Canadiens dodge major bullet despite loss to Wild

Devan Dubnyk 32 saves for the shutout and Mikael Granlund scored the winning goal as the Minnesota Wild defeated the Montreal Canadiens.

MONTREAL — It was just under two hours before the puck dropped in the Montreal Canadiens‘ game against the visiting Minnesota Wild that Marc Bergevin explained why he was in such a good mood.

The general manager was asked what satisfied him most about his team’s standing in the playoff race — sitting one point out of the Eastern Conference’s second wild-card position after 42 games despite being labeled a draft-lottery favourite by most prognosticators to start the year. He was asked to explain his satisfaction in relation to the angst and disappointment he felt throughout a 2017-18 season that saw his Canadiens fizzle to a 28th-place finish in the standings.

Bergevin led with how pleasurable it’s been to watch star defenceman Shea Weber back in action after he was sidelined for close to a full calendar year, saying, “I almost forgot what it was like having him on the ice.” And he concluded with the joy he’s taken from watching his team compete as hard as it has thus far in the face of adversity — coming back to erase deficits on several occasions.

And then, six minutes and change into the 1-0 loss the Canadiens suffered to the Wild, in some cruel twist of fate, Mikael Granlund shot a puck that rode up Weber’s stick, sliced his face and left him doubled over in agony on Montreal’s bench.

The big man played seven more shifts in the first period and left for the hospital at intermission. His teammates were left to wonder how serious the injury might be, and they were stuck without him and forward Kenny Agostino, who was tossed from the game for a late hit thrown at Wild forward Eric Fehr.

The Canadiens took 21 shots in the final two periods, tried everything they could to break through Minnesota’s trap, and they ultimately came up short.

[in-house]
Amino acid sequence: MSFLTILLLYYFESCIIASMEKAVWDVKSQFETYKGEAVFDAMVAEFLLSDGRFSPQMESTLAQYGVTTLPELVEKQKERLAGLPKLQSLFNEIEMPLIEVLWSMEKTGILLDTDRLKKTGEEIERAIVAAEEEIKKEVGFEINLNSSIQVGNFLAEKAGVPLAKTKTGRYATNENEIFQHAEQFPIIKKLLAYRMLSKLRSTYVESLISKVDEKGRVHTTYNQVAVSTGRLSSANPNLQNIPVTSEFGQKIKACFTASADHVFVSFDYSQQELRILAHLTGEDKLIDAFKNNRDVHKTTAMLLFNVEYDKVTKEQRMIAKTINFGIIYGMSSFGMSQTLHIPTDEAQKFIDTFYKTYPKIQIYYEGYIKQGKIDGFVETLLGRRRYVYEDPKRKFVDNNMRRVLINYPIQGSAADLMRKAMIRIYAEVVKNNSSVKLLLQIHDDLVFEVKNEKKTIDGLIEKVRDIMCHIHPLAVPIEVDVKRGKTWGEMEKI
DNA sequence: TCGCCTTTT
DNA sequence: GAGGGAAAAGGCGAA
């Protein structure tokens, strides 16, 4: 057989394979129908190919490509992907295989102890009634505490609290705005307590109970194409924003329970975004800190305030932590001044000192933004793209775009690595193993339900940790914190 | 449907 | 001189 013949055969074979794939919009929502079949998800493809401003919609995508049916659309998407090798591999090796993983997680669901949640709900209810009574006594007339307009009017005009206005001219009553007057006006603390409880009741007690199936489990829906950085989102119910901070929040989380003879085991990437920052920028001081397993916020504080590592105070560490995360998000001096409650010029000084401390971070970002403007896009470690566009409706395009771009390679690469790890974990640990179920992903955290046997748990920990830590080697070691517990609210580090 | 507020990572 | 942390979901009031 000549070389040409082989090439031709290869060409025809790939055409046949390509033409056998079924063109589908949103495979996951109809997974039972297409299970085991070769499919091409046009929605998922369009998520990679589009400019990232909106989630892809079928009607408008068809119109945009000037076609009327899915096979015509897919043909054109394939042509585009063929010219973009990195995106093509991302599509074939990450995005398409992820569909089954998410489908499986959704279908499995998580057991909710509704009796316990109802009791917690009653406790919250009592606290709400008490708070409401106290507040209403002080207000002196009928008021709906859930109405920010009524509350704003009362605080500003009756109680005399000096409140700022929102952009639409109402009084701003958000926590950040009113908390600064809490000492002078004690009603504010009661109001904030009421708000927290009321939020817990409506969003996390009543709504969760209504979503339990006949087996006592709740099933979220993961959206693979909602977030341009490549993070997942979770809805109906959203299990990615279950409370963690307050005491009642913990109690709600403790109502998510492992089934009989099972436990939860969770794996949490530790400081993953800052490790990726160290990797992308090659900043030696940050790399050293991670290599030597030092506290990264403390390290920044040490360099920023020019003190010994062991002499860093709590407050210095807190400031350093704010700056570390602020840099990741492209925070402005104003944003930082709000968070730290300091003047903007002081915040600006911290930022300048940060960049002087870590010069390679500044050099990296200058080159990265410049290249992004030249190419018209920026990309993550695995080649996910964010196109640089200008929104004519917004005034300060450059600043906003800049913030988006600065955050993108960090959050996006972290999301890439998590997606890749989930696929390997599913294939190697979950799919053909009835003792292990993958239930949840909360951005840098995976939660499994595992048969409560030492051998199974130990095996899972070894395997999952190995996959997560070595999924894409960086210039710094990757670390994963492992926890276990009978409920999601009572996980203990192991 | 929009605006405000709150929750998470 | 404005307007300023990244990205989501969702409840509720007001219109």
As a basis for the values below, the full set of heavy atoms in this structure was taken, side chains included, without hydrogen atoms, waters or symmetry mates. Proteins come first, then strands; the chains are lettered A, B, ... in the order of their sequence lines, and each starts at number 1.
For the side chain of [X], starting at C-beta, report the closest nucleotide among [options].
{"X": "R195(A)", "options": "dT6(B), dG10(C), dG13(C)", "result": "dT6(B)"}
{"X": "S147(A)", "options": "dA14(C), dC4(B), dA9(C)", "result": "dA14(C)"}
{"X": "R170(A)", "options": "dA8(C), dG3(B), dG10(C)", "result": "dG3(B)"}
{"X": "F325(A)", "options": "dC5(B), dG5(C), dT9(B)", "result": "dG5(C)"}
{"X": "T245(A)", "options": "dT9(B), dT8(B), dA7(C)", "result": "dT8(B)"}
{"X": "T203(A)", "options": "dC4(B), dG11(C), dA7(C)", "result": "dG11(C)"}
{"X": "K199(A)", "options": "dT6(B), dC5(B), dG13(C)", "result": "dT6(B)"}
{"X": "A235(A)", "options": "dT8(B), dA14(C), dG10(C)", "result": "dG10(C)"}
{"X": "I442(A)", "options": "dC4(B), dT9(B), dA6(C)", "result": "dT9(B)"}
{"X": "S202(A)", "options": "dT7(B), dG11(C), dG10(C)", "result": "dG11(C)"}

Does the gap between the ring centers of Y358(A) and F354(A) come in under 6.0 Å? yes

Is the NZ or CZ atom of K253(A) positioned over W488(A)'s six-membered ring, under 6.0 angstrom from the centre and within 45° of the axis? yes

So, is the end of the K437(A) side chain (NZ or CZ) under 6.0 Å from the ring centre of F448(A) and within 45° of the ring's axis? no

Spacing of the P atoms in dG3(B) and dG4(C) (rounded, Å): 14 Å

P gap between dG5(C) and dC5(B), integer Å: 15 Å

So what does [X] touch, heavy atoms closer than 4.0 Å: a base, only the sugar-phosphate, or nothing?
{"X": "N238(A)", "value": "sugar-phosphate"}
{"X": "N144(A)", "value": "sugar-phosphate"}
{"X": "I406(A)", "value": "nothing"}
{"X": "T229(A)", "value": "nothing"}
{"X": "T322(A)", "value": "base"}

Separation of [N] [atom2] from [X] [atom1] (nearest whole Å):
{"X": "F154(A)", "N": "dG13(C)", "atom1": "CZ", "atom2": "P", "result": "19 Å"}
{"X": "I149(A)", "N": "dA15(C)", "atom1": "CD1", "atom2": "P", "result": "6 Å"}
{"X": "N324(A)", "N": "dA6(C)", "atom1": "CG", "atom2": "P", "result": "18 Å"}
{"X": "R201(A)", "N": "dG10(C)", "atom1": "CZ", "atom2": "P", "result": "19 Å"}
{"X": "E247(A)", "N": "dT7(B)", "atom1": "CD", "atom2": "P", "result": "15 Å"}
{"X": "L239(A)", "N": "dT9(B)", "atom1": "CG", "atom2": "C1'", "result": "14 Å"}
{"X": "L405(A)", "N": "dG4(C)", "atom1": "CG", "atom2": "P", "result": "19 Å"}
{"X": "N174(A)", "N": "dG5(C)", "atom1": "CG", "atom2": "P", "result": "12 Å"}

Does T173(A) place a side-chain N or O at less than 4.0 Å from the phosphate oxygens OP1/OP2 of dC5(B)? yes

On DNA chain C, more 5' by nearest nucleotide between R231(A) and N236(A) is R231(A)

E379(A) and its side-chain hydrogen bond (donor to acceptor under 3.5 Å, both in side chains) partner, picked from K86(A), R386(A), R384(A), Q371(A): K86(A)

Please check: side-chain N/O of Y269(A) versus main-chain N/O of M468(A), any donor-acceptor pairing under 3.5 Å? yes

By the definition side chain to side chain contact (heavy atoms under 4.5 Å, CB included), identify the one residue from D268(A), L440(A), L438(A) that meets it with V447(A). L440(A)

But it wasn’t a loss to hang their heads about. Certainly not one like the 4-1 defeat to Nashville this past Saturday, when their effort was sub-standard. And afterwards, Canadiens coach Claude Julien gave a very positive update on Weber’s status.

“The results are positive,” Julien said. “He went and got examined to make sure there was no fracture. [There was none] so he’s making the trip [to Detroit] with us.”

Julien added that he expects Weber will play against the Red Wings on Tuesday, but stopped short of confirming his presence for the game.

In the grand scheme of things, it meant Bergevin could leave the Bell Centre on Monday night with the same smile he walked into the building wearing — even if the Canadiens came out on the wrong end of the scoresheet in the game.

You can imagine that contemplating having to play more games without Weber might have changed his mood at some point in the middle of the night.

Weber had been a force with the Canadiens since returning from off-season knee surgery on Nov. 24. The team went 11-7 with him patrolling their blue line for close to half of every game, and it routinely outshot the opposition and limited the quality scoring chances against. The difference he made was night and day.

Sure, the Canadiens had survived in Weber’s absence on the strength of their surprising 6-2-2 start to the season, but they were hurting for his return in a big way after going 5-6-2 just prior to Nov. 24.

They hung in as best they could against Minnesota without him, but an egregious turnover from Jeff Petry cost them a goal care of Granlund, and they were missing Weber as they pushed to tie the game up over the final 13 minutes of third period.

“It was just a mistake, I should’ve used the boards,” Petry said of the play in question. “I thought I saw where [partner] Mike [Reilly] was and I put it right in the middle and should’ve just sucked the forechecker in a little bit more and used an indirect [pass] instead of trying to make a direct pass.”

It was the kind of mistake he might not have made had he been taking shifts at the same pace he had since Weber returned to the lineup.

Instead, Petry was forced to pick up where he left off in the first two months of the season, playing over 25 minutes for the first time since Nov. 27. It was a challenge he said was that much harder to overcome on this night given that the Canadiens were down to five defencemen.

But Petry led with six shots and 12 attempts in the game, and he threw four hits to make up for Weber’s absence in that department.

“I think we were in it the whole time, we even had better chances than they did,” said Julien. “I thought we had more scoring chances. One mistake ended up being what cost us the game.”

But a scary incident involving their most important skater won’t cost them as much as it could have, and that’s massive consolation as they push forward with their season.

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